• Are there restrictions I should follow?
  • How often should I be screened for heart disease? For example, how often do I need a cholesterol test?
  • I have other health conditions. How can I best manage them together?
  • Should I see a specialist?
  • Should my children be screened for this condition?
  • Is there a generic alternative to the medicine you’re prescribing?
  • Are there brochures or other printed materials I can take? What websites do you recommend?

Don’t hesitate to ask other questions.

What to expect from your doctor?

Your doctor is likely to ask you questions, including:

  • When did your symptoms begin?
  • Have your symptoms been continuous or occasional?
  • How severe are your symptoms?
  • What, if anything, seems to improve your symptoms?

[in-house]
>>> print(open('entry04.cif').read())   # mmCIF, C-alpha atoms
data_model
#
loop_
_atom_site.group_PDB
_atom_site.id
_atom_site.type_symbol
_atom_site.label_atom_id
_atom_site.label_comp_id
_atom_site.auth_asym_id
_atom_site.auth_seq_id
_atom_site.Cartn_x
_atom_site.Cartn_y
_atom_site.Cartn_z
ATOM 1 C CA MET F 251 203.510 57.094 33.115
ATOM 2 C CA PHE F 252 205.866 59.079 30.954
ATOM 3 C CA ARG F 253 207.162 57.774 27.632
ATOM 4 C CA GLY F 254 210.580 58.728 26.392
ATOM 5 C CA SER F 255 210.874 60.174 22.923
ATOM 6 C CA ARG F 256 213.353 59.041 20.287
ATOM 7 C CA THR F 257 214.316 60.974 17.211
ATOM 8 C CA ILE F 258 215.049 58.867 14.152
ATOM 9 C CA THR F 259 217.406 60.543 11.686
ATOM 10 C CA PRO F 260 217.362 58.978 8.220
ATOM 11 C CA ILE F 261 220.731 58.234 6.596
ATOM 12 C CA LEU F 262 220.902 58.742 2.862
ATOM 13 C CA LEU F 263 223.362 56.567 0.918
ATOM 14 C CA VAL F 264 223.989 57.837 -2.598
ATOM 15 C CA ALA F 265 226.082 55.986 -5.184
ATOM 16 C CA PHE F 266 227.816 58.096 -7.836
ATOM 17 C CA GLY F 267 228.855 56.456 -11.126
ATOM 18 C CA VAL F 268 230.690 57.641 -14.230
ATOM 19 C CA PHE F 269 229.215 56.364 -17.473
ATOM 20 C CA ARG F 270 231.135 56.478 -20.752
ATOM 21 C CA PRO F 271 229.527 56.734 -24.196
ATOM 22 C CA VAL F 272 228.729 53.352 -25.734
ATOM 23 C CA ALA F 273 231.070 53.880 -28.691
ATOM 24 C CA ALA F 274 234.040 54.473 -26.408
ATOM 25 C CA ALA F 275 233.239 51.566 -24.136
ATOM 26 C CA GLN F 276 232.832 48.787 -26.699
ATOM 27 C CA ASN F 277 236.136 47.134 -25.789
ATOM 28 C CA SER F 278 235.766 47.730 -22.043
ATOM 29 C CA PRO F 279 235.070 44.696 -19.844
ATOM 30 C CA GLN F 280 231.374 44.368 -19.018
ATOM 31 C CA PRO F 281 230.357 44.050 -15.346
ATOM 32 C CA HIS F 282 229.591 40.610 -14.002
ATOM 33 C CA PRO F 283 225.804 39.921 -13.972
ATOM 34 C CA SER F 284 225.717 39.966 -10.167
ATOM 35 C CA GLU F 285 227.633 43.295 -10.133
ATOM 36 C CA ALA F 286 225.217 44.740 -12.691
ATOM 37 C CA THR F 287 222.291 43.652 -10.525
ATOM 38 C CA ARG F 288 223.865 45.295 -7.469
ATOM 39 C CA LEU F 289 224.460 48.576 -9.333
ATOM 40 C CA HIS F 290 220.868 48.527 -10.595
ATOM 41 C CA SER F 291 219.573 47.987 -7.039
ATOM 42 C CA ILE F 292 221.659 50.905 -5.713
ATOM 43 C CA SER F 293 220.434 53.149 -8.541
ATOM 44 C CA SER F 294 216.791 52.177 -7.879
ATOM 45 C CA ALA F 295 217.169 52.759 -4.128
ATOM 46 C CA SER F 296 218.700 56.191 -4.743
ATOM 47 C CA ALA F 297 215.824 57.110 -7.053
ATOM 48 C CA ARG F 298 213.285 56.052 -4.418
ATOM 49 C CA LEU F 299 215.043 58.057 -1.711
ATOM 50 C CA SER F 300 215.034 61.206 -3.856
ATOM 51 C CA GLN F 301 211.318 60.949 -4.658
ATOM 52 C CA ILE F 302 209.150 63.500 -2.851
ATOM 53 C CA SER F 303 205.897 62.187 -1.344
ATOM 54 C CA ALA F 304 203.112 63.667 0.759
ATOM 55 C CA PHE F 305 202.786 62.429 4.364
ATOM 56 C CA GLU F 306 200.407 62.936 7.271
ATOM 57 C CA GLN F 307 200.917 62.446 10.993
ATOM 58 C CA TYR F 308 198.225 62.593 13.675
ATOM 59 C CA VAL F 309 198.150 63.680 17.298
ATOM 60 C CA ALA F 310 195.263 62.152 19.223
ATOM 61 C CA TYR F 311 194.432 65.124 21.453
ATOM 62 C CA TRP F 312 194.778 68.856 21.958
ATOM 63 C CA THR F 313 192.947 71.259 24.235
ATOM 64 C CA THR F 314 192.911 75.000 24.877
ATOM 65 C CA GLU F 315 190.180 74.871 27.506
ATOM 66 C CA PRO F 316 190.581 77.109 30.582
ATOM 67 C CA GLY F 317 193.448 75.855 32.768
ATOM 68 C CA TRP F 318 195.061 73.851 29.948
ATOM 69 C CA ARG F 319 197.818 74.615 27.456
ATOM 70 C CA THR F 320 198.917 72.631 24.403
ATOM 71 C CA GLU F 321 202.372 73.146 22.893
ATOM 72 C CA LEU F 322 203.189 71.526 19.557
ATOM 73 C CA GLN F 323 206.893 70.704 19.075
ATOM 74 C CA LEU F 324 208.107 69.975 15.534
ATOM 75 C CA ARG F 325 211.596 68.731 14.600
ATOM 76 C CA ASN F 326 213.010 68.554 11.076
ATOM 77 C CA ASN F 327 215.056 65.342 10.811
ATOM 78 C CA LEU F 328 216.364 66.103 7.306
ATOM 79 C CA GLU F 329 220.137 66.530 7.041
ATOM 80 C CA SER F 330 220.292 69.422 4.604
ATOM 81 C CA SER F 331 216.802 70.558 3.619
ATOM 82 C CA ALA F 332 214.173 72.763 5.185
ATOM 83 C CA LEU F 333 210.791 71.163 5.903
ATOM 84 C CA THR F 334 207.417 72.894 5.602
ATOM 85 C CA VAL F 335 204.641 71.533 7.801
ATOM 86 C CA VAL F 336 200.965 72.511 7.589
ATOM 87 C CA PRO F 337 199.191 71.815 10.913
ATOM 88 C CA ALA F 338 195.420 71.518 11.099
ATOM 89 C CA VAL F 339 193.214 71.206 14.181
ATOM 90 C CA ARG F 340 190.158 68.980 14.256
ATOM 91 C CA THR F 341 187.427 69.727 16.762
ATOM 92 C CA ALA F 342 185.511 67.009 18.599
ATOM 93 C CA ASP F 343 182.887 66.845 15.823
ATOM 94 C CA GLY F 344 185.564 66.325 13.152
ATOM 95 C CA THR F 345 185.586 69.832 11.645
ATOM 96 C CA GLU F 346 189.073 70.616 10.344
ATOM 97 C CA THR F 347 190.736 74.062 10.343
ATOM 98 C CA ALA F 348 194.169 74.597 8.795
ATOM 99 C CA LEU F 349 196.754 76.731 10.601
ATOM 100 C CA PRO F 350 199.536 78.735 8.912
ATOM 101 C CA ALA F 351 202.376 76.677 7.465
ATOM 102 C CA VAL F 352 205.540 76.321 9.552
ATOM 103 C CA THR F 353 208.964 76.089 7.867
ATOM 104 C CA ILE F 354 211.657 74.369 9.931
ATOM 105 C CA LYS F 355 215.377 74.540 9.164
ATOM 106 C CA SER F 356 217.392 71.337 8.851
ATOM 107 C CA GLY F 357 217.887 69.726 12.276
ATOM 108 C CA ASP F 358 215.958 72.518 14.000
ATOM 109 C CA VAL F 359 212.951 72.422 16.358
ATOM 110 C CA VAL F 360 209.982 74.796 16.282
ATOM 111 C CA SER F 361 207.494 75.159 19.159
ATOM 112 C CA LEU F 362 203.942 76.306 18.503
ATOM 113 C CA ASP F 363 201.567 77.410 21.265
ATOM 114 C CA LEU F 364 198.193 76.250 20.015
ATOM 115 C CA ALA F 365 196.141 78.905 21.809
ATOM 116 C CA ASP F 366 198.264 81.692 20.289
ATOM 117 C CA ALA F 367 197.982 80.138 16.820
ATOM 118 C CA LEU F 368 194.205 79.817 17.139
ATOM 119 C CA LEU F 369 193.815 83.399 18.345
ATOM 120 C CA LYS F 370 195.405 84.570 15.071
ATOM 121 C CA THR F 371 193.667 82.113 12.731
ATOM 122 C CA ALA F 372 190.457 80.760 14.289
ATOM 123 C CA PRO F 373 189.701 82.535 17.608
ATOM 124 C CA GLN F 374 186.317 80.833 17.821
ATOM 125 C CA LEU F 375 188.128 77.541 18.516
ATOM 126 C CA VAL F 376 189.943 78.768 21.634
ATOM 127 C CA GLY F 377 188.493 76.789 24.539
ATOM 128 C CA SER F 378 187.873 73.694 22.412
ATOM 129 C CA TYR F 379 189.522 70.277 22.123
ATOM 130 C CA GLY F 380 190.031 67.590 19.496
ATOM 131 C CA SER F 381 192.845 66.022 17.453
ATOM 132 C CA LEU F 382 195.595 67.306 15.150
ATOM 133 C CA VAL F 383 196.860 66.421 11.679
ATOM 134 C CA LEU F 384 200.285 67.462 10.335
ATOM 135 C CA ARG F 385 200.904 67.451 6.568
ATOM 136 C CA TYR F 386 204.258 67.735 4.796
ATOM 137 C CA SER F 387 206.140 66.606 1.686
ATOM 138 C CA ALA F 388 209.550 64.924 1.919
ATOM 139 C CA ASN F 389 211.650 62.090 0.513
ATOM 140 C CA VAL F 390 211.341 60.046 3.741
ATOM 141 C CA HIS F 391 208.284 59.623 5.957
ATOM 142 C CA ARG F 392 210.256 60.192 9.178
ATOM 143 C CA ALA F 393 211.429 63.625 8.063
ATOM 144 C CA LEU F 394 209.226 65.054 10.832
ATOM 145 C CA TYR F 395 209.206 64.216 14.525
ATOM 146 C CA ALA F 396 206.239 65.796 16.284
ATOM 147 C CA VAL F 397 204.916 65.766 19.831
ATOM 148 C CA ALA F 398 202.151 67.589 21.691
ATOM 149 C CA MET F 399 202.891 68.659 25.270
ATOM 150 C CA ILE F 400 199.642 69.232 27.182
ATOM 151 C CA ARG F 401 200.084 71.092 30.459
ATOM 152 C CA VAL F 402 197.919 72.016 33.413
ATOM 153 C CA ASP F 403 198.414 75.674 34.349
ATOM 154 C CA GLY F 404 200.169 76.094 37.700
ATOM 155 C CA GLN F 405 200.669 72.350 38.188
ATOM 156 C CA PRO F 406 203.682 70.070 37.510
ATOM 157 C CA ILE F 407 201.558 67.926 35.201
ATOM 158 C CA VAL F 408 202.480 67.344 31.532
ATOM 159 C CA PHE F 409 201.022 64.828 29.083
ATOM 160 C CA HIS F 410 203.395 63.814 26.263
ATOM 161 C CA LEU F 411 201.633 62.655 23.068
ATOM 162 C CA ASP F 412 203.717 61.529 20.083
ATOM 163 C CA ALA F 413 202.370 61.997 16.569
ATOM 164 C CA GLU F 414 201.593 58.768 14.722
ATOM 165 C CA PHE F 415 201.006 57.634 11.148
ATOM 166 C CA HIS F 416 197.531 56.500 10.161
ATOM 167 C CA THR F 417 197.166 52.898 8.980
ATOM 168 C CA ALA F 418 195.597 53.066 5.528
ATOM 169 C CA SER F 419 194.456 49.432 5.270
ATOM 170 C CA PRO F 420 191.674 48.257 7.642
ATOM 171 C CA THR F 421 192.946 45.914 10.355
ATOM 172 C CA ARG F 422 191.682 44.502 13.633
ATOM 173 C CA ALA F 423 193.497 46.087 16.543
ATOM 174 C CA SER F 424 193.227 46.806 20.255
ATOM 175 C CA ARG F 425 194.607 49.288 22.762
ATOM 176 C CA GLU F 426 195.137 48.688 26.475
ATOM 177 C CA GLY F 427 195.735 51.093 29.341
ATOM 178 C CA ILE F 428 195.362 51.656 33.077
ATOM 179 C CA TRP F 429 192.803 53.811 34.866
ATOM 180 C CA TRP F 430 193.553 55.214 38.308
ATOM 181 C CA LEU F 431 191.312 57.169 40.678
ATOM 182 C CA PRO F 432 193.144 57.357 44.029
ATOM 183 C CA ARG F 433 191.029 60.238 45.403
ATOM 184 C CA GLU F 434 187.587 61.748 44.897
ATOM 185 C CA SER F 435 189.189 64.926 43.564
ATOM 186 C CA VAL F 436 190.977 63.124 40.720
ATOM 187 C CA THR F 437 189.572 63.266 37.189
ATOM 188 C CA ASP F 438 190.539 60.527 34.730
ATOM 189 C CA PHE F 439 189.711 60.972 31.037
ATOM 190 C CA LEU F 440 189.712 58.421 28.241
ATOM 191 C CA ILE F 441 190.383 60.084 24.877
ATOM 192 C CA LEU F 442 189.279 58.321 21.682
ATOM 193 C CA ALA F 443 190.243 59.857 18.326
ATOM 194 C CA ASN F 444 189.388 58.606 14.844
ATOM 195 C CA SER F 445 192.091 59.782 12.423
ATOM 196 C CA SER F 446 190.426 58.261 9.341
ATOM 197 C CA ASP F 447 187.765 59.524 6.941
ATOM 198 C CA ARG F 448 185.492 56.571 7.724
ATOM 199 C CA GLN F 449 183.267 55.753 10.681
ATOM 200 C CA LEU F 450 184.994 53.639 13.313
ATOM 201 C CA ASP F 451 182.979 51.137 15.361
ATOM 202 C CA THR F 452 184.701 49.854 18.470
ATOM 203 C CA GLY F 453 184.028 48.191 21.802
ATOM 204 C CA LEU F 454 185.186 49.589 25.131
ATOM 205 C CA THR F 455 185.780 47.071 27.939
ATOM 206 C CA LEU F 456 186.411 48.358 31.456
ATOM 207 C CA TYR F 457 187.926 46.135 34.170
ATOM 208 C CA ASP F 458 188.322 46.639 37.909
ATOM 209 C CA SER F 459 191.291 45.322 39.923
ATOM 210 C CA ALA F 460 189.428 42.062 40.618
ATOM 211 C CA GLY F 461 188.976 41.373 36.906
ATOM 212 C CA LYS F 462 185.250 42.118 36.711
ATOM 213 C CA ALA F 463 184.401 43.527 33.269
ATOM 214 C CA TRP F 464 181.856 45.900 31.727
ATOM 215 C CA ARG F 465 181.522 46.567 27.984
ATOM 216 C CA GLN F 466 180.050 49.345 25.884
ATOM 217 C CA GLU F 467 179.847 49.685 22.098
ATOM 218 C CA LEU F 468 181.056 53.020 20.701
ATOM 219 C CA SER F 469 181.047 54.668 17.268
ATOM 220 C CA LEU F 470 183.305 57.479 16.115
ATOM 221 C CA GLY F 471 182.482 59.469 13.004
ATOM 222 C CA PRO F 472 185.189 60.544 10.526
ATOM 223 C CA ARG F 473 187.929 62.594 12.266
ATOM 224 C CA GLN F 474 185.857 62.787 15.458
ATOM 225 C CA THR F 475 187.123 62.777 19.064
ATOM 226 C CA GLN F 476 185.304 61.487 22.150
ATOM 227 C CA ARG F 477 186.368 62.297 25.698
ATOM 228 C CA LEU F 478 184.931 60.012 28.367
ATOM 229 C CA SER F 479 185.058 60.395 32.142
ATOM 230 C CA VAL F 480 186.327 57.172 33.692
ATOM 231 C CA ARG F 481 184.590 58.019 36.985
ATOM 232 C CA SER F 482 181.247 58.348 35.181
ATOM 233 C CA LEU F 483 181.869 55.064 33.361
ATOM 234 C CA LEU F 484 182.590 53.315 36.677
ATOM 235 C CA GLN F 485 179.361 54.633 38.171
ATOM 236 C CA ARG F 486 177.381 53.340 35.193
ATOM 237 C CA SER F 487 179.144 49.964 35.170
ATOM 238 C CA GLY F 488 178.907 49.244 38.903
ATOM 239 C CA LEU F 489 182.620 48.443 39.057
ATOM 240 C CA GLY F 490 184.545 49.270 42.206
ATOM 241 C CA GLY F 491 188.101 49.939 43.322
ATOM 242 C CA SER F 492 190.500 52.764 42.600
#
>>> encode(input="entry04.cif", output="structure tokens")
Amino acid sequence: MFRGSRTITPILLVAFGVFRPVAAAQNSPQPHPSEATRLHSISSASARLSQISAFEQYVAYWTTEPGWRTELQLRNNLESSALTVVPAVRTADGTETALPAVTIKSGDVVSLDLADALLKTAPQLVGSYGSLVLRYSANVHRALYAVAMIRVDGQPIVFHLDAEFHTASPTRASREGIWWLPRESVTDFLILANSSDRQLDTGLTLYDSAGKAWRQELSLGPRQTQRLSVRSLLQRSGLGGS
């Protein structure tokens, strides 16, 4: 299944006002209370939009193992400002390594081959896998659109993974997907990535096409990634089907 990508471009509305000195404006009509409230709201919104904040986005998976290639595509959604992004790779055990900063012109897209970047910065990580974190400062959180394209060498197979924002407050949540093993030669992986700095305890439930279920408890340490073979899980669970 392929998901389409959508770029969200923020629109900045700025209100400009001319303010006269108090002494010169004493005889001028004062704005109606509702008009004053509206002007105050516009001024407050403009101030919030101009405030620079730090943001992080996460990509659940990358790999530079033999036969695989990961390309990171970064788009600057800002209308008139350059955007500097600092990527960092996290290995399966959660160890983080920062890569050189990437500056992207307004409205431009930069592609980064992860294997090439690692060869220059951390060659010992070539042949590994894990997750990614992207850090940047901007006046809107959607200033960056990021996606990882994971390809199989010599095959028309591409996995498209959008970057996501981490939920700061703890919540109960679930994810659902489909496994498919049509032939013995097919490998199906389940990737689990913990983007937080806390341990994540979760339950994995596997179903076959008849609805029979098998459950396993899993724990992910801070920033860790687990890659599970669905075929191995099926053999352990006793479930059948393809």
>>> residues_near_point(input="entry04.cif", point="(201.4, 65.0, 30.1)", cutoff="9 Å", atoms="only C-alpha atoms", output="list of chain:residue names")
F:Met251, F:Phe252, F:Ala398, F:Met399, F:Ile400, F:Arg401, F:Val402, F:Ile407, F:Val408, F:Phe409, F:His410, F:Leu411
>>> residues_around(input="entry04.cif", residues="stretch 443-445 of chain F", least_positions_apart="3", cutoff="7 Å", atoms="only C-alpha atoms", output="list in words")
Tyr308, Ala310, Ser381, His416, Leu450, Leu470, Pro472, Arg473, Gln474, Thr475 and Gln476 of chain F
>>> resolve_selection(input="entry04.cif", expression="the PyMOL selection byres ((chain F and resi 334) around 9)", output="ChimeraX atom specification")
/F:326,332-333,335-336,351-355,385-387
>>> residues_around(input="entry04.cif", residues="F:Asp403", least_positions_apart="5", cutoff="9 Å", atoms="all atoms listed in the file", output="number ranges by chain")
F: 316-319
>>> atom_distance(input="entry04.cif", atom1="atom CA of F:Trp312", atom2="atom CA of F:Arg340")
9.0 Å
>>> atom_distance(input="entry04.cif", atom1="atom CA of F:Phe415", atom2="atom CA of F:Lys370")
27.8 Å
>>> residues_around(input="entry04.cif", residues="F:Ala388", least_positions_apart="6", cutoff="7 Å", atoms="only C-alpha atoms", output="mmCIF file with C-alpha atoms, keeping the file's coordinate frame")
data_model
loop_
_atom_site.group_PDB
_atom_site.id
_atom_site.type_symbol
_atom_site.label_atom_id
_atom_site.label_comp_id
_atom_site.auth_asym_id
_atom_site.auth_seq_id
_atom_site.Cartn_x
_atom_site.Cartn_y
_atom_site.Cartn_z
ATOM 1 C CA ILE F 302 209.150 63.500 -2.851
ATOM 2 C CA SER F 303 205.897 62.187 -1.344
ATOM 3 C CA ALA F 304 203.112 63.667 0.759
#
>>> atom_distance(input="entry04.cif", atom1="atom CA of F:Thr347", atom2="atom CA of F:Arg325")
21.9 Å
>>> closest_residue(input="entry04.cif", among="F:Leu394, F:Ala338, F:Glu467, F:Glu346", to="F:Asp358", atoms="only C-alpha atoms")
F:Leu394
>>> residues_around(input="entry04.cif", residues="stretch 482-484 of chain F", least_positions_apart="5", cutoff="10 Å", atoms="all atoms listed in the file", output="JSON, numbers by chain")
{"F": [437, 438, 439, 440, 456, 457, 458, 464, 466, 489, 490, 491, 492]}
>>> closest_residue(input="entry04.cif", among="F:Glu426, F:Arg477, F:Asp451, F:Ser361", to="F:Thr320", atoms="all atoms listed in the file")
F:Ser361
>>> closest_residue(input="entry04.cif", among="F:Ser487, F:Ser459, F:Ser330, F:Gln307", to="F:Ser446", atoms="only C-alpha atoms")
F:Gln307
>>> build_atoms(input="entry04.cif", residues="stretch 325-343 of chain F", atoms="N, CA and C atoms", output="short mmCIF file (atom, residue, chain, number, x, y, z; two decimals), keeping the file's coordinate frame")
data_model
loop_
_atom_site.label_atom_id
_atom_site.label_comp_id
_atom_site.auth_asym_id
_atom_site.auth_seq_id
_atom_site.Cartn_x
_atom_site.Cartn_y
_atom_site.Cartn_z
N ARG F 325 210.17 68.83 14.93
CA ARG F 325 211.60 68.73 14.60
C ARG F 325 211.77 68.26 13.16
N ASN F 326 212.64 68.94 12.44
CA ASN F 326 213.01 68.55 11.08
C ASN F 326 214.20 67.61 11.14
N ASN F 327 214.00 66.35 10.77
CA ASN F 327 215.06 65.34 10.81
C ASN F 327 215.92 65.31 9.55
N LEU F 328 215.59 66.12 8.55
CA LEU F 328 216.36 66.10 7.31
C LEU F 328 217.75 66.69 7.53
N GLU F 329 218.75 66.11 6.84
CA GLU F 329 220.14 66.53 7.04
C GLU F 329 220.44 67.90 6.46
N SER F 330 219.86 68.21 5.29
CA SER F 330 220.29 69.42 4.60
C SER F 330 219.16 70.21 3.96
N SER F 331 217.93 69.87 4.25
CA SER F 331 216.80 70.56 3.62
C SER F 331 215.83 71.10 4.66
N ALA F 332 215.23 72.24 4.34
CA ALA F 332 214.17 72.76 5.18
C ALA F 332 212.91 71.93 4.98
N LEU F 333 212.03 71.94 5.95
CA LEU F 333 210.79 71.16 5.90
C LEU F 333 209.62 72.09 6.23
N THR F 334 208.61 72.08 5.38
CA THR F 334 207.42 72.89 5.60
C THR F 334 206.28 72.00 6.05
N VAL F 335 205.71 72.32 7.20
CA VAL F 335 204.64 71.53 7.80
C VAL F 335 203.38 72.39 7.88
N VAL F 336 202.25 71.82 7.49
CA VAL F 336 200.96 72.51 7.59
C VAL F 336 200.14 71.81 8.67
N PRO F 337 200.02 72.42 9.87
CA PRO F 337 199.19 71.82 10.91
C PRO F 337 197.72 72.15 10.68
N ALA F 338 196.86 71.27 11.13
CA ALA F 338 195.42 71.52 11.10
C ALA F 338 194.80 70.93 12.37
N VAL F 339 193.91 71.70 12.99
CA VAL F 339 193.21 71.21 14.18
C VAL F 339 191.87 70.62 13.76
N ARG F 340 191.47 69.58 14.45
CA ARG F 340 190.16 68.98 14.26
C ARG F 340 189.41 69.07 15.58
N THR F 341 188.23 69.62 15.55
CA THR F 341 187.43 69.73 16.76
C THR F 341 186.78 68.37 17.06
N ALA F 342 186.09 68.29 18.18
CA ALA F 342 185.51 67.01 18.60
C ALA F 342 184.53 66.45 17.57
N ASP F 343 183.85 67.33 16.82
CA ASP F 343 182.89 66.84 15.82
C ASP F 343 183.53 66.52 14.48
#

• What, if anything, appears to worsen your symptoms?
  • What is your typical diet?
  • Do you drink alcohol? How much?
  • Do you smoke?
  • Are you physically active? How often do you exercise?
  • Have you been diagnosed with other conditions?
  • Do you have a family history of heart disease?


Enlarged heart


How Much Is Too Much?

The American Heart Association recommends no more than 6 teaspoons (25 grams) of added sugar a day for women and 9 teaspoons (36 grams) for men. But the average American gets way more: 22 teaspoons a day (88 grams). It’s easy to overdo. Just one 12-ounce can of regular soda has 10 teaspoons of sugar — and no nutritional benefit.

Harm: Weight Gain

Sugar-sweetened beverages are a big source of added sugars for Americans. If you drink a can of soda every day and don’t trim calories elsewhere, in three years you’d be 15 pounds heavier. Putting on too much weight can lead to problems like diabetes and some cancers.

Harm: Heart Disease